Coal and canals to carry it gave him a life work, and it granted him access to the geological underworld and he went down into the digs and mines with gusto and figured it out.

Here is what he came up with, in his own words.

Fossil Shells had long been known amongst the curious, collected with care, and preserved in their cabinets, along with other rarities of nature, without any apparent use. That to which I have applied them is new, and my attention was first drawn to them, by a previous discovery of regularity in the direction and dip of the various Strata in the hills around Bath; for it was the nice distinction which those similar rocks required, which led me to the discovery of organic remains peculiar to each Stratum.”

This was the finding that became known as Smith’s Principle of Faunal Succession. Today it appears in geology textbooks the world over. The fossils and the layers they appear in give us a chronology for the millions of years it took for earth to come to it’s present geological state.

At the time, Christians were stuck with Archbishop  Ussher’s theory that the earth began in 4004 BC and was only about 6,000 years old. That was wrong. The Bible never said that. The Bible never gave us a chronology  for creation’s timeline. It told us that God did it; it didn’t tell how. And yet, believe it or not, there are still a few Christians who hold on to the idea that the earth is 6,000 years. There are tons of evidence, layers and layers of evidence to the contrary. All the evidence is to the contrary. God took a long time to make the universe and the earth. And afterwards, he didn’t create the appearance of age, (why would he traffic in smoke and mirrors) and it was aged.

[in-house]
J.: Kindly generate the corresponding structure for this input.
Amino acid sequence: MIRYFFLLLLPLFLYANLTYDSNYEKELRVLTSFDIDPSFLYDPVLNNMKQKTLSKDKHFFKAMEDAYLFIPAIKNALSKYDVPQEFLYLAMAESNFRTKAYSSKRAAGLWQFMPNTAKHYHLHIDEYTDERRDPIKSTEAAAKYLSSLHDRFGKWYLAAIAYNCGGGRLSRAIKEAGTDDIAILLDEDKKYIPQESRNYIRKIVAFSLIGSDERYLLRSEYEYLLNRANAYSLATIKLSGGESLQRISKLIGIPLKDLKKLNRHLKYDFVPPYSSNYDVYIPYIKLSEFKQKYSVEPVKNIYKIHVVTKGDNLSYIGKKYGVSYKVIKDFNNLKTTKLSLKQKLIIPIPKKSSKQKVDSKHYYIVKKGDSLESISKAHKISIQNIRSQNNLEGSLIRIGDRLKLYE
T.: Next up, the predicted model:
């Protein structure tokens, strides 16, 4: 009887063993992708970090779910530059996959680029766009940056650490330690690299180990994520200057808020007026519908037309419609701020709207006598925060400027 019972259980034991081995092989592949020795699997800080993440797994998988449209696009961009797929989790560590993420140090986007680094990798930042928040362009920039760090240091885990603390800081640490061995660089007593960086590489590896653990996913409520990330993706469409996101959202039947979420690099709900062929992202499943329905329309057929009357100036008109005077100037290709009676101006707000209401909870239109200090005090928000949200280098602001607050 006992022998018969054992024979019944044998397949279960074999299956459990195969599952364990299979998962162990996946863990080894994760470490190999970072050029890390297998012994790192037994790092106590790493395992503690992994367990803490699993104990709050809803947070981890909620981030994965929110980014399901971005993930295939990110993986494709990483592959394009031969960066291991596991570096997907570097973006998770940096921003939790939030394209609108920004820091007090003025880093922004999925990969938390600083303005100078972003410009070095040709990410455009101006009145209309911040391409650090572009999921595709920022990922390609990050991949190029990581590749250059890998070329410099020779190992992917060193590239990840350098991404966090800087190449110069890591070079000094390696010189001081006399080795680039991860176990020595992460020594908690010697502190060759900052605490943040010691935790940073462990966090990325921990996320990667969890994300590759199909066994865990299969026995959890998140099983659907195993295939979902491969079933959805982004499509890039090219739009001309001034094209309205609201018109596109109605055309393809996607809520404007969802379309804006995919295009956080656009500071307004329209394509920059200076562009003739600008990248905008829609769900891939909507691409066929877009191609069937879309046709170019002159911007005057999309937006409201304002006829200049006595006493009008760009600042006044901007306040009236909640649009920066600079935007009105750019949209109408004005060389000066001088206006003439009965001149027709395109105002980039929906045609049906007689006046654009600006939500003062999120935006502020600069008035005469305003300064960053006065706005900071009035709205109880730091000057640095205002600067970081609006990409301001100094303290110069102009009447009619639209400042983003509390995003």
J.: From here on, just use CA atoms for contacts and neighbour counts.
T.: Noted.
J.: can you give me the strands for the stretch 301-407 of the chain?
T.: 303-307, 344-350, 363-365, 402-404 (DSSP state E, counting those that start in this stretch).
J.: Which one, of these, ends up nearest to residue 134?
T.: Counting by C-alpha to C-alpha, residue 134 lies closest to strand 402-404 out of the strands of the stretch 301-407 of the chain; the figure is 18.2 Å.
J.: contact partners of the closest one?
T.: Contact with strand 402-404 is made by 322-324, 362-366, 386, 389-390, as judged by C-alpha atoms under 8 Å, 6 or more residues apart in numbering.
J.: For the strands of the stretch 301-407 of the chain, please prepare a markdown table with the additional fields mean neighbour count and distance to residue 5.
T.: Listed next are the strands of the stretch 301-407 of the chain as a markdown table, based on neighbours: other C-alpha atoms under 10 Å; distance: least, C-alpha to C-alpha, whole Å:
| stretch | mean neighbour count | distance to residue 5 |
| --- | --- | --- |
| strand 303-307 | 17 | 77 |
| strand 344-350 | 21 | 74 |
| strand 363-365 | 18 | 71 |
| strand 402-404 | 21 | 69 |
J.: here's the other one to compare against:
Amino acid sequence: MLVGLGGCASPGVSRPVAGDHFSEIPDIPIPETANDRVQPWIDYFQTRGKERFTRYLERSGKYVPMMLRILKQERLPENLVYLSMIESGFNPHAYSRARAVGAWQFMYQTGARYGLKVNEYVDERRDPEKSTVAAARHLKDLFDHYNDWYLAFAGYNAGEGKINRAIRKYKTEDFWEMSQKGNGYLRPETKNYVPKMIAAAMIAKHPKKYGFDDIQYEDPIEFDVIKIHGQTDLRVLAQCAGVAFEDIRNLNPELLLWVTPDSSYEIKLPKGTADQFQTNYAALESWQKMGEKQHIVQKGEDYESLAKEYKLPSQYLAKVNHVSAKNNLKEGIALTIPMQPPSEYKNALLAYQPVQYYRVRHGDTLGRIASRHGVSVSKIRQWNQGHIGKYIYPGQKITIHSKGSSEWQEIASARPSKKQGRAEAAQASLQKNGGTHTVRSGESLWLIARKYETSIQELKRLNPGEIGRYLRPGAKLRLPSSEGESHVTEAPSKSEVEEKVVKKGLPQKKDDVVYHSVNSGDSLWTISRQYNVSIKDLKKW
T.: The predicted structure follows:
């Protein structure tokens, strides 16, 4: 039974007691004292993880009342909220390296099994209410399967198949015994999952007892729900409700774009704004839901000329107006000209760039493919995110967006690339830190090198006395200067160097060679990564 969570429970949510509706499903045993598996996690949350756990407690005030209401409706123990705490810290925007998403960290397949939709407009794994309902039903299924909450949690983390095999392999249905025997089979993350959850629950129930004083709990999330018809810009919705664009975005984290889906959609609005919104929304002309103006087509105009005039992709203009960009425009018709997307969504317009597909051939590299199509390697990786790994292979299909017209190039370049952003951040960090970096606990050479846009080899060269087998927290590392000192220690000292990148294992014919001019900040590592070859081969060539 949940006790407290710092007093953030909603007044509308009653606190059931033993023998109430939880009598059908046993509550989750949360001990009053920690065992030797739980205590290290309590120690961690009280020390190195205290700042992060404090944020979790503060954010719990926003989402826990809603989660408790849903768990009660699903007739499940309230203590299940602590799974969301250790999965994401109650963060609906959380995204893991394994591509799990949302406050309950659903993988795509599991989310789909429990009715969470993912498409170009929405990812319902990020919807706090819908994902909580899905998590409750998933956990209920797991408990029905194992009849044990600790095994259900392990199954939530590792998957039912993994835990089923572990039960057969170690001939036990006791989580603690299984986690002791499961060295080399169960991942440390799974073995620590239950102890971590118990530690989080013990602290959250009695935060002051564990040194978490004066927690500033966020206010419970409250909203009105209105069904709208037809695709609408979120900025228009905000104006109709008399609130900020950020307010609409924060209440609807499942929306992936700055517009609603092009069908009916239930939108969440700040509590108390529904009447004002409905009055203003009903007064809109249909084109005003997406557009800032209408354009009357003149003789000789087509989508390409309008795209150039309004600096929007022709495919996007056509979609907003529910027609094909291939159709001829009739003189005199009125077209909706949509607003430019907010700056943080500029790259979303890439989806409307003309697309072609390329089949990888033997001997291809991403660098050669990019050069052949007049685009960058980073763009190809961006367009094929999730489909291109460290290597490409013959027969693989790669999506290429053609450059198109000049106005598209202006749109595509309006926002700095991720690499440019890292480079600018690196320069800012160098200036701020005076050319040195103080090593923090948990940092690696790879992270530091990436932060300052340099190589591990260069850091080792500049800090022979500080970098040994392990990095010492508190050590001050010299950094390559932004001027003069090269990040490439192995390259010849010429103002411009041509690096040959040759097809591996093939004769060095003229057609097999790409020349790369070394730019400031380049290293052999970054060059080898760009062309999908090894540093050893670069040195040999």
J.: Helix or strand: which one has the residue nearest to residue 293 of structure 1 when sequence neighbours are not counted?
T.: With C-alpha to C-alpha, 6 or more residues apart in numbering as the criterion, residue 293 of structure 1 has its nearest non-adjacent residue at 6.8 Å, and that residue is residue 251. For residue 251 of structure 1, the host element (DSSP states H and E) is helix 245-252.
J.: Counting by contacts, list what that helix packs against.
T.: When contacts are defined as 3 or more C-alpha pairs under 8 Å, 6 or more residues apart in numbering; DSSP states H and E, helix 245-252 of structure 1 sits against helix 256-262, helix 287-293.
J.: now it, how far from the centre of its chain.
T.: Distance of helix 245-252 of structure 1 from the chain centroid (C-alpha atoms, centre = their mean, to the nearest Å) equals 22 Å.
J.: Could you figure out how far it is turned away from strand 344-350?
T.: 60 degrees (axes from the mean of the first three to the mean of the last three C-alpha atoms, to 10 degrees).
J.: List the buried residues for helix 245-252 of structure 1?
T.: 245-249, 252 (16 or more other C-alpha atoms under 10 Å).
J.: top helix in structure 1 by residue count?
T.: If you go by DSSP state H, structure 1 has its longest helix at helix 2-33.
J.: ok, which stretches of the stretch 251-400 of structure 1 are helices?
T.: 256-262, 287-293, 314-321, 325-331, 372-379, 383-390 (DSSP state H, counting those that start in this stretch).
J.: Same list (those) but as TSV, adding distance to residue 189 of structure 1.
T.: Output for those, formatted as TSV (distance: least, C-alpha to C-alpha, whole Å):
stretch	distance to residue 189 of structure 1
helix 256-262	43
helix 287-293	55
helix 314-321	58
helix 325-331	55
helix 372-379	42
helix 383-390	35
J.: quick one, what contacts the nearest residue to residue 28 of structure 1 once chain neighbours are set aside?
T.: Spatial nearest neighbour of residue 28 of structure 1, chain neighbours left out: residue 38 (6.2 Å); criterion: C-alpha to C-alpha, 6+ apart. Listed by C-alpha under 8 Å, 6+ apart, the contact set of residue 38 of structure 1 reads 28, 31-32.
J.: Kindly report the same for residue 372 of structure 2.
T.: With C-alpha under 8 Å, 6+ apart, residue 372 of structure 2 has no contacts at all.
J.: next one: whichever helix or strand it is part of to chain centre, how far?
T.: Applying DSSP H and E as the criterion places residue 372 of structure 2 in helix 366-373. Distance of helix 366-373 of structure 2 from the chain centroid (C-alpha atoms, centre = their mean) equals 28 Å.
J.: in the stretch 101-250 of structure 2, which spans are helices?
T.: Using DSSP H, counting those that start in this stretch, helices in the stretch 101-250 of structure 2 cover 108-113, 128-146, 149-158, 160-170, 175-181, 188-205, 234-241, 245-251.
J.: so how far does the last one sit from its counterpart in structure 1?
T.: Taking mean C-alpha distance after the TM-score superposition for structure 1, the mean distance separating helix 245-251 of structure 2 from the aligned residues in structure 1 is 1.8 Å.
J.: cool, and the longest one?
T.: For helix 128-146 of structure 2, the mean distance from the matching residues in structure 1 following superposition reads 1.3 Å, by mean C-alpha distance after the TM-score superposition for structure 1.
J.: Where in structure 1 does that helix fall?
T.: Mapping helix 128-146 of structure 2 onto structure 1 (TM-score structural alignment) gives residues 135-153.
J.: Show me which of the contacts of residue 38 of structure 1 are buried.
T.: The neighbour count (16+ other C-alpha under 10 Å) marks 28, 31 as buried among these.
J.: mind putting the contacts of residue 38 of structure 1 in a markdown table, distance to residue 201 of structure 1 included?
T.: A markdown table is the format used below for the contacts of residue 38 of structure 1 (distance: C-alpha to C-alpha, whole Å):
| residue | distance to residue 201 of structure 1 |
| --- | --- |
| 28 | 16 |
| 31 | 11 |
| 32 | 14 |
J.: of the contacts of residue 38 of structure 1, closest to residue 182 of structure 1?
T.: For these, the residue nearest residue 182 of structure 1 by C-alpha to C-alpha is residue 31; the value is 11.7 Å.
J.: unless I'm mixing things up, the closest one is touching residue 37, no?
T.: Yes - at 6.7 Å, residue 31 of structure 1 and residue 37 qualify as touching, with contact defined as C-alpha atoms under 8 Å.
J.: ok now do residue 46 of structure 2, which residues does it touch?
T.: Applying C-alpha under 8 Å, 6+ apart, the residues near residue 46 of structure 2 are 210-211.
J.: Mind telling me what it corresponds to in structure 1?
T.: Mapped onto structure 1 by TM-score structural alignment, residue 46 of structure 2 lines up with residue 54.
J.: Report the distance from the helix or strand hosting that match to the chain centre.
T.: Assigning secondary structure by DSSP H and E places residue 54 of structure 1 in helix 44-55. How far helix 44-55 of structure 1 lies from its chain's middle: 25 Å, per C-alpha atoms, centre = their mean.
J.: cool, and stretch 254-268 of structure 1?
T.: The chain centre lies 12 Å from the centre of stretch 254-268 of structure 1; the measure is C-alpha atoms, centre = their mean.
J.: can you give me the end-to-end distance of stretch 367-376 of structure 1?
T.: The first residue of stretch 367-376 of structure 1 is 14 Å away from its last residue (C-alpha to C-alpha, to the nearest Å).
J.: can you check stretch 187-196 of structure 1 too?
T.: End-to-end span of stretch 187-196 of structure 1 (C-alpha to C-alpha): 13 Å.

I see this long, changing process of geology as giving God even more glory than a short and quick, wam and slam and bam creation. I could go on about this, but I won’t, because I just want to point out that there is a simple lesson here and it is very scriptural. “Consider the ant.”  

In other words, open  your eyes. See what is. Don’t get stuck in old mind-sets that don’t make sense, that lack common sense, that don’t jive with reality. Use you eyes, observe nature,  be the wisdom sage scholar the Bible recommends you be, commited  to truth, to empiricism, to observation and to reality — the best you can — and attempt to unbiasedly understand what you see.

Amen!

I like it best when they shut off the motor.

It is quiet and you can hear them breathing — a deep, low, misty exhale, coming from voluminous spaces within.

I especially like how their dorsal fin, that tall black triangle, comes out of the water first, then the slick, wet backs, the rolling to the side, a fin flopping, the salty water mounding on the surface in front, the smooth wave surging behind them, flukes showing as they submerge again.